As a senior at San Diego State University, and volunteer with the Edwards lab, I was asked to partner on a project to help identify the invertebrate composition in cores taken in rhodolith and sand (control) samples collected from Catalina Island. Master’s candidate and primary coordinator, Billie Beckley, took the time to introduce me to the project in the early spring of 2018. This project was made possible through the California Sea Grant and Principle Investigator (PI) partnership with Dr. Diana Stellar at Moss Landing Marine Lab. The primary research objective is to ascertain the impacts mooring lines might have on rhodolith beds around Catalina. The data will be used as a baseline for rhodolith ecosystems worldwide in order to study and preserve the complex habitats they provide for other animals.
The initial cores were collected in July of 2018. They were photographed underwater immediately following extraction and preserved in a -80°C freezer until thawed out to be sorted using a microscopic. The pictures were used in identifying anoxic sediment content along with rhodolith composition through the utilization of ImageJ® software. Below is a sample picture that was used in this process:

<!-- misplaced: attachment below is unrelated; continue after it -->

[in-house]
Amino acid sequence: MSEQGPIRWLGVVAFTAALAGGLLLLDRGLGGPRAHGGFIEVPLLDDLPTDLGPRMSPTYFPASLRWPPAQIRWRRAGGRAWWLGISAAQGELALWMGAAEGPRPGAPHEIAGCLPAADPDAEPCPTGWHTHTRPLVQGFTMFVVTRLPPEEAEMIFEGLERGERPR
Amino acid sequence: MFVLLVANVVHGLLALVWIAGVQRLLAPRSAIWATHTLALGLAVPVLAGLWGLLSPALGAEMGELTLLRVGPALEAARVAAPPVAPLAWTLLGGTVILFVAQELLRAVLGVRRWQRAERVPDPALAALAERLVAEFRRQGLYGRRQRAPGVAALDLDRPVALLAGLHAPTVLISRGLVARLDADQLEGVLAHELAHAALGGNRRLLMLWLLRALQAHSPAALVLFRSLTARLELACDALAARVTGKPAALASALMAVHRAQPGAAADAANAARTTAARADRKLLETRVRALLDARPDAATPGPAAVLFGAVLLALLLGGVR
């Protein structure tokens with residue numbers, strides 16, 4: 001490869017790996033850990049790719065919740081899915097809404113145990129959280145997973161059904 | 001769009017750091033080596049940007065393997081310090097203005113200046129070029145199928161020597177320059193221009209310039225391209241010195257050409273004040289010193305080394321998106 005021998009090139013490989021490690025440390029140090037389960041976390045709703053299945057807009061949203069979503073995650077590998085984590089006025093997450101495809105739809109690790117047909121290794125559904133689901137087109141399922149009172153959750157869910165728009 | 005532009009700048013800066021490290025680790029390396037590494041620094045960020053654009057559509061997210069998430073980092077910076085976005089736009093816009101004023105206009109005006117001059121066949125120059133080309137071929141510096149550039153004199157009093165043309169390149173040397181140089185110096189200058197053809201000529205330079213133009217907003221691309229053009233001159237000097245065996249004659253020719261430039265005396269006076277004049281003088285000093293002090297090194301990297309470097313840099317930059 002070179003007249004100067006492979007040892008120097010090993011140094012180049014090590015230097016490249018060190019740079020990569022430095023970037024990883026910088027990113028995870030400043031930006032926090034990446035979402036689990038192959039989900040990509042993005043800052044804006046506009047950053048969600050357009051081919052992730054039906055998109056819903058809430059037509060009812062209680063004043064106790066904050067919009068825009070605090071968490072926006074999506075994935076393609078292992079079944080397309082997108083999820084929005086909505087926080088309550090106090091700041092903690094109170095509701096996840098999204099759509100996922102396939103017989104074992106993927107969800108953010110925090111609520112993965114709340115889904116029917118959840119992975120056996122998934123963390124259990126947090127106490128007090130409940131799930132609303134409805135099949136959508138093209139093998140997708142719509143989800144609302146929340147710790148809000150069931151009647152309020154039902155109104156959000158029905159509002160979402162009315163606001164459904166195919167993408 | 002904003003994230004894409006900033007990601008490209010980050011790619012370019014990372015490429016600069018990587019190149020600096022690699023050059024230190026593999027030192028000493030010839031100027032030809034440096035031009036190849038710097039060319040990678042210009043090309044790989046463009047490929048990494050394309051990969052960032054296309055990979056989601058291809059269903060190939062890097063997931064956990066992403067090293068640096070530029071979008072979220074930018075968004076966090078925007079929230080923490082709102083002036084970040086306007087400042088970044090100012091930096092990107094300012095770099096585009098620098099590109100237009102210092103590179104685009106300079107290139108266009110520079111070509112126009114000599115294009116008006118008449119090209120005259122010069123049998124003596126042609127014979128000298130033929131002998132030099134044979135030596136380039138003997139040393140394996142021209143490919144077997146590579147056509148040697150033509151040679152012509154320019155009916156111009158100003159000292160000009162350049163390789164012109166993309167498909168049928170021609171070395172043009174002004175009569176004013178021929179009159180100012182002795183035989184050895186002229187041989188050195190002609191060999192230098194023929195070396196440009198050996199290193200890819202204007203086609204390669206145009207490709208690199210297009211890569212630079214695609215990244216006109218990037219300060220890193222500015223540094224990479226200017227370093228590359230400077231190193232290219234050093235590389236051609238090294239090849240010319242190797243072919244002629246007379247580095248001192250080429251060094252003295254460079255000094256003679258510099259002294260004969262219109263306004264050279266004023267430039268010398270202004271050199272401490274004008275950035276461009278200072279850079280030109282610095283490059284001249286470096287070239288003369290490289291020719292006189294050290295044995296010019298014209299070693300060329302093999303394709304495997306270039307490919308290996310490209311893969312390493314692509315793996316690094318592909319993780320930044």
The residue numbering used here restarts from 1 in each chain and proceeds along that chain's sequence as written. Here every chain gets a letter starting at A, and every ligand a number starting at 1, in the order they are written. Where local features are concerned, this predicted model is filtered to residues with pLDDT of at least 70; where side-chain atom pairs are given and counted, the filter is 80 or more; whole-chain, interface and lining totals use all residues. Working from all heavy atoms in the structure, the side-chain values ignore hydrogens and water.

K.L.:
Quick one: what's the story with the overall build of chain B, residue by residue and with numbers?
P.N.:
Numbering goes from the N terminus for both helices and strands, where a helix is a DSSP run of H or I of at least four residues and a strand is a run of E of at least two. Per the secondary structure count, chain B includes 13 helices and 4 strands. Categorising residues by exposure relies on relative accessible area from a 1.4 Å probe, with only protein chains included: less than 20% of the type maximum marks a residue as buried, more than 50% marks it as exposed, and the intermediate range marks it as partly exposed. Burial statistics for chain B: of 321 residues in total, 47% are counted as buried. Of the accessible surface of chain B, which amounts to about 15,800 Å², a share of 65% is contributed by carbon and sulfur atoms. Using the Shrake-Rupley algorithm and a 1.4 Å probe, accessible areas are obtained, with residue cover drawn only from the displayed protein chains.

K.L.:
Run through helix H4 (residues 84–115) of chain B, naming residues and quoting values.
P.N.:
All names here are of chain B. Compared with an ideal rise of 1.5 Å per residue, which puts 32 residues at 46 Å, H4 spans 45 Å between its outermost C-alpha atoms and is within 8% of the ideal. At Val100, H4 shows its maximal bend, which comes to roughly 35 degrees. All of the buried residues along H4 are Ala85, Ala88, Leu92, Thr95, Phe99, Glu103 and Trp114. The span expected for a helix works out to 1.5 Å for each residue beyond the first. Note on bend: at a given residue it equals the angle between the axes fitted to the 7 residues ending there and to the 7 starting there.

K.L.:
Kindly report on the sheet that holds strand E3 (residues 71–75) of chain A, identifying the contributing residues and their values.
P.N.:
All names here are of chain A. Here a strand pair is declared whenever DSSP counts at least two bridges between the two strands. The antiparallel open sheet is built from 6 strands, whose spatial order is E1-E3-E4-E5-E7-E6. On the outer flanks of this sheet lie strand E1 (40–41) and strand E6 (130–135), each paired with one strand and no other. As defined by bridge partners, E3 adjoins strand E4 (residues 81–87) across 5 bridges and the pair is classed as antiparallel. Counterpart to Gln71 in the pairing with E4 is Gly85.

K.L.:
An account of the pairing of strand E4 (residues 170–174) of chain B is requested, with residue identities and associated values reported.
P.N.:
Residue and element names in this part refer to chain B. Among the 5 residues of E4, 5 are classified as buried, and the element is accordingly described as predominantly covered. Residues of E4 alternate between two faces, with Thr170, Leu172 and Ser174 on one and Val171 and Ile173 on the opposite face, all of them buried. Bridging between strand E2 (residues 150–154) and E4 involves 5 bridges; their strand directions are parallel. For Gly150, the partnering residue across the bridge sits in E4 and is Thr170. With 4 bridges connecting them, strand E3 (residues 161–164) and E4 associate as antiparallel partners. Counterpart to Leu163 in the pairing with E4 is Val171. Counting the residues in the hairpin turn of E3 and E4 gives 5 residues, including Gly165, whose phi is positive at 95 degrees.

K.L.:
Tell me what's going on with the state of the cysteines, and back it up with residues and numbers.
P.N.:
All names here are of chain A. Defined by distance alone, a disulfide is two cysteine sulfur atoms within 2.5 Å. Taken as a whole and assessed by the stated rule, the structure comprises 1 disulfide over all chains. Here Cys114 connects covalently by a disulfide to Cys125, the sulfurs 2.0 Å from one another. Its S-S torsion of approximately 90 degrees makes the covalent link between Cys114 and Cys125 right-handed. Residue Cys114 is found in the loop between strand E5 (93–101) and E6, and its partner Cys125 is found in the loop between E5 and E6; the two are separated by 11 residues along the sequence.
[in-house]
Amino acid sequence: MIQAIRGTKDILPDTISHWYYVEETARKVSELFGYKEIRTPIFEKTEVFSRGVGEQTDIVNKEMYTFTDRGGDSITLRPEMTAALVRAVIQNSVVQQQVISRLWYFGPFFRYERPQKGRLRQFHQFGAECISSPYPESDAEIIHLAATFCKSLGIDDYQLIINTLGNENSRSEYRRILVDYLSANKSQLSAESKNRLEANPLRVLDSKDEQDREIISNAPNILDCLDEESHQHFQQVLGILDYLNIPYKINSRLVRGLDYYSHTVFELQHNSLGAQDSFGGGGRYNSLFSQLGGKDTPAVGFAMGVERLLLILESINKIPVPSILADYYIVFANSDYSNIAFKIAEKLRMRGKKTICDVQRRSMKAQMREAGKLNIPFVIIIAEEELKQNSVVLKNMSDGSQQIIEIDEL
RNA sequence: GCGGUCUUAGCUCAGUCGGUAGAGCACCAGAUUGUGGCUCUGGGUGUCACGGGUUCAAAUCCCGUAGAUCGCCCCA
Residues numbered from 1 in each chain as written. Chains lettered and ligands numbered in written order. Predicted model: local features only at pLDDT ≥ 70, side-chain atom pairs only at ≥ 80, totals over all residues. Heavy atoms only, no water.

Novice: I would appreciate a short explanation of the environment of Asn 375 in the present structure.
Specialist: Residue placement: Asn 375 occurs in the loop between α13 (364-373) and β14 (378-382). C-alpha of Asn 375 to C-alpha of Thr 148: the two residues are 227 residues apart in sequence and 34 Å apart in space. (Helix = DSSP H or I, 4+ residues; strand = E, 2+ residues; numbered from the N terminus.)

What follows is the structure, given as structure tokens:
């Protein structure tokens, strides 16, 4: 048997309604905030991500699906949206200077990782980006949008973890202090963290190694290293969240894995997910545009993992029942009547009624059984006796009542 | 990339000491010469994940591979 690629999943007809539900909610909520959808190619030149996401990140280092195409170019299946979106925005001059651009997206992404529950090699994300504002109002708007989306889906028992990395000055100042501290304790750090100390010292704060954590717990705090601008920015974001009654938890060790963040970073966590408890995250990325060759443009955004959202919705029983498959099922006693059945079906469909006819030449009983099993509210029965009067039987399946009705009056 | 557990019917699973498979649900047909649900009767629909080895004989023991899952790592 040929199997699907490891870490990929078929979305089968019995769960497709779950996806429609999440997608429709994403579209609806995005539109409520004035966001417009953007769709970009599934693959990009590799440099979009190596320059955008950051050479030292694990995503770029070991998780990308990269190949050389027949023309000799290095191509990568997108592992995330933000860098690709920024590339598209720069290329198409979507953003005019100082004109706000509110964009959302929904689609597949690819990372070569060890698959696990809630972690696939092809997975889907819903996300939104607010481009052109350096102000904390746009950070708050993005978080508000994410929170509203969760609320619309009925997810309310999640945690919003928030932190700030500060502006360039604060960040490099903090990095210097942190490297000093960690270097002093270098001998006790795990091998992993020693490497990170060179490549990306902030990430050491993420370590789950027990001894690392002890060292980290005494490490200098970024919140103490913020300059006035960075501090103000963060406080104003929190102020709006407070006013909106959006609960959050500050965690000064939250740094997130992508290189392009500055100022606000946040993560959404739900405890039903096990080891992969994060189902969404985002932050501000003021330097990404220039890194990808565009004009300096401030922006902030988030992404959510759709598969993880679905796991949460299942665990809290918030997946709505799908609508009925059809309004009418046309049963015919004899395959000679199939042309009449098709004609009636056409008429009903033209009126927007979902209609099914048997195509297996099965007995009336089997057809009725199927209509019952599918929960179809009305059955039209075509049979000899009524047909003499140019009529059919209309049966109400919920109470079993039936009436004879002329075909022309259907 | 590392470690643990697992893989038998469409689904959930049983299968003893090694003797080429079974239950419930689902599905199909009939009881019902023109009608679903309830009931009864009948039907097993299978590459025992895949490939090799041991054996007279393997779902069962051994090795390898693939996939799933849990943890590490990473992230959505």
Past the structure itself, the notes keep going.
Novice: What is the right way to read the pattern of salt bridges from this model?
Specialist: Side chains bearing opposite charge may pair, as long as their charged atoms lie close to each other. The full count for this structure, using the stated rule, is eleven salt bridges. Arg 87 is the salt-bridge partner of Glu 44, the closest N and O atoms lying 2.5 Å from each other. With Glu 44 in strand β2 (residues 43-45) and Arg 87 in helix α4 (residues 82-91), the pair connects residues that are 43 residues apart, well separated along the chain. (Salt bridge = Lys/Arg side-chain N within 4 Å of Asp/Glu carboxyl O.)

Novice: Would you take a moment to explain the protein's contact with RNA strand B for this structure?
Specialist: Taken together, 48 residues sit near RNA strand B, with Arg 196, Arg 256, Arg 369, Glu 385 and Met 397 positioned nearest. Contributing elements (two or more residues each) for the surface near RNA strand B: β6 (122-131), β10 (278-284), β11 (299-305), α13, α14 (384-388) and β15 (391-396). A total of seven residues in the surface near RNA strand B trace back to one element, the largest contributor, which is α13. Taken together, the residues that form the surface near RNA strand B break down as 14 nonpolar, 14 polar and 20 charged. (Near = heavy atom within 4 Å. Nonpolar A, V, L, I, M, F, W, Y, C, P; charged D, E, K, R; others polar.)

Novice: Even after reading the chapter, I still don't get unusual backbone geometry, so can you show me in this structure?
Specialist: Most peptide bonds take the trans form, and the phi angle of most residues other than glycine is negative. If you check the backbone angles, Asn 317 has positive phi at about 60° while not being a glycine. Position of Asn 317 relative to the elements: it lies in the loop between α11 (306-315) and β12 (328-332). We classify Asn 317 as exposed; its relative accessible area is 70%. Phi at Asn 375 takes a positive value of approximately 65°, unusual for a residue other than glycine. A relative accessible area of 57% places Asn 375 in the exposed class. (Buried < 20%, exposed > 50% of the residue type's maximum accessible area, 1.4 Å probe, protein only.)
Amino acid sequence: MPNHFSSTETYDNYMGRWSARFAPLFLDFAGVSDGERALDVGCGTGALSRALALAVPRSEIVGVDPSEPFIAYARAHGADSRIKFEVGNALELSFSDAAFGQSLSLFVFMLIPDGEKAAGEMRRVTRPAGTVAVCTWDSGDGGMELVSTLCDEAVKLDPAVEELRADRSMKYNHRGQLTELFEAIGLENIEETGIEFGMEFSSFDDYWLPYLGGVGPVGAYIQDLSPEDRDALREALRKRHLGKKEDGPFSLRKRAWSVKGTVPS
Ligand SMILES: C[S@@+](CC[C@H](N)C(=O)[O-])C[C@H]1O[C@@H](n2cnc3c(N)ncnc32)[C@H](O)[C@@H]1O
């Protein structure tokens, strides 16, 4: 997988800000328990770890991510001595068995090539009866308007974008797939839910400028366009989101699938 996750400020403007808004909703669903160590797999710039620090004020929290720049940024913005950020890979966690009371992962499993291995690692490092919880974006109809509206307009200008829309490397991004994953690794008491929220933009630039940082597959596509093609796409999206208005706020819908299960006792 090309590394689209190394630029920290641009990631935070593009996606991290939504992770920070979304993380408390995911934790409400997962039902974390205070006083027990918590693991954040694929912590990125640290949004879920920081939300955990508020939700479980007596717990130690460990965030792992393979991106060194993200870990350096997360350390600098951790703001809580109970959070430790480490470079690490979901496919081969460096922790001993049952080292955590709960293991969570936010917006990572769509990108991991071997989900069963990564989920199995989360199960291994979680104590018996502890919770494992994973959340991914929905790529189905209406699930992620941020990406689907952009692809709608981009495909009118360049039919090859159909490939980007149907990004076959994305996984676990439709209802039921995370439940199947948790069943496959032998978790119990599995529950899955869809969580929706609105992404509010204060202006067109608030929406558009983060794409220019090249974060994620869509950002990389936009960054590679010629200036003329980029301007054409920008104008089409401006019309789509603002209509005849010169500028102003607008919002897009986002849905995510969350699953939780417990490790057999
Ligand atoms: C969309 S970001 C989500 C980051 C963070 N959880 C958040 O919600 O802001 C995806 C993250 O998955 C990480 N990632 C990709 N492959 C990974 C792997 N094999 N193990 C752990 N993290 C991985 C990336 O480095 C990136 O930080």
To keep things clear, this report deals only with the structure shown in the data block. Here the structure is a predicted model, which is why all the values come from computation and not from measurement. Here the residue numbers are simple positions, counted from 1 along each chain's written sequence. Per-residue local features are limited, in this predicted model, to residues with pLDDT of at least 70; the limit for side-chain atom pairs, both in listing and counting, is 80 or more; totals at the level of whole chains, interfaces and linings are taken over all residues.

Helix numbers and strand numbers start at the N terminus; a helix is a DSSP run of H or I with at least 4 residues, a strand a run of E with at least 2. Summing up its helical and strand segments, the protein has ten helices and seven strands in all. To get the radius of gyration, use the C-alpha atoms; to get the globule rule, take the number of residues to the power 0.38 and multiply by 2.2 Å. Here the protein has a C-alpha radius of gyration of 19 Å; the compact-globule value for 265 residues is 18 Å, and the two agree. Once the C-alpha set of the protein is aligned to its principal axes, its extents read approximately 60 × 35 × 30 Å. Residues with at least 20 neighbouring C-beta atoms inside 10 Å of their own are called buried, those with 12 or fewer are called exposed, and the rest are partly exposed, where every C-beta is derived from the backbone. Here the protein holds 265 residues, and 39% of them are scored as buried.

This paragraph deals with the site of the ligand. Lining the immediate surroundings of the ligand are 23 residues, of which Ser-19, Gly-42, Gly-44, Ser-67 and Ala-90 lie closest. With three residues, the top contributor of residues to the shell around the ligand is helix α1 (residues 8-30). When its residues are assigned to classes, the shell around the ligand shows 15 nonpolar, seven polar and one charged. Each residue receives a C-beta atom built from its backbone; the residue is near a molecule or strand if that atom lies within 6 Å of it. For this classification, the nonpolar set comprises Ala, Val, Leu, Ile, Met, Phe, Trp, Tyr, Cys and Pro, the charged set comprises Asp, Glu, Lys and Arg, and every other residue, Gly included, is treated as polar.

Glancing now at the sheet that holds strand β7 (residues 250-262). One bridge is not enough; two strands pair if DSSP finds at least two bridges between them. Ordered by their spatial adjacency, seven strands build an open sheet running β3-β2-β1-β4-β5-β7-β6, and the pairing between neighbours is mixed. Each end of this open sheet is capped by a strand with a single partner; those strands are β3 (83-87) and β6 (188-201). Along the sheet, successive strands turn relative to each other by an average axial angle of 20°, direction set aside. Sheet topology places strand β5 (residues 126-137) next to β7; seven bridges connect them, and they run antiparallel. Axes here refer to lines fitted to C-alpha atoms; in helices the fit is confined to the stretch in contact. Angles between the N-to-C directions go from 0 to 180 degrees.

Although scrutinizing samples multiple hours a week under a microscope may sound monotonous and boring, it was far from it! Every day had its own set of highlights and interesting discoveries. With a sense of curiosity, new organisms were found or different variations of the same order of invertebrates were observed. For example, an interesting mite-like organism popped up a couple times in some of the cores. Below are pictures of both sides of the specimen:
Another notable moment in my sorting process was observing different morphological characteristics between Tanaids found in nearby sand beds verses those in the rhodolith beds. In the sand, Tanaids were a whiteish, opaque color whereas the Tanaids that were living in the rhodolith beds were opaque with darker colored spots on their carapaces. Although this is not explicitly part of the primary research question, it would be interesting to know what factors allow for phenotypic variation between the two taxa.
From January 8-18, 2019, members from both affiliated labs will go back to Catalina to gather more core samples and bring them back to SDSU to sort and analyze. Photosynthetic measurements through the use of Photosynthetic Irradiance (PI) curves will be used the same day they are collected so that we have a better understanding of the overall productivity in these ecosystems. So stay tuned for more updates from the field and the lab!
San Diego State University
B.S. Marine Biology, 2019
California Seagrant Funding R/HCE-04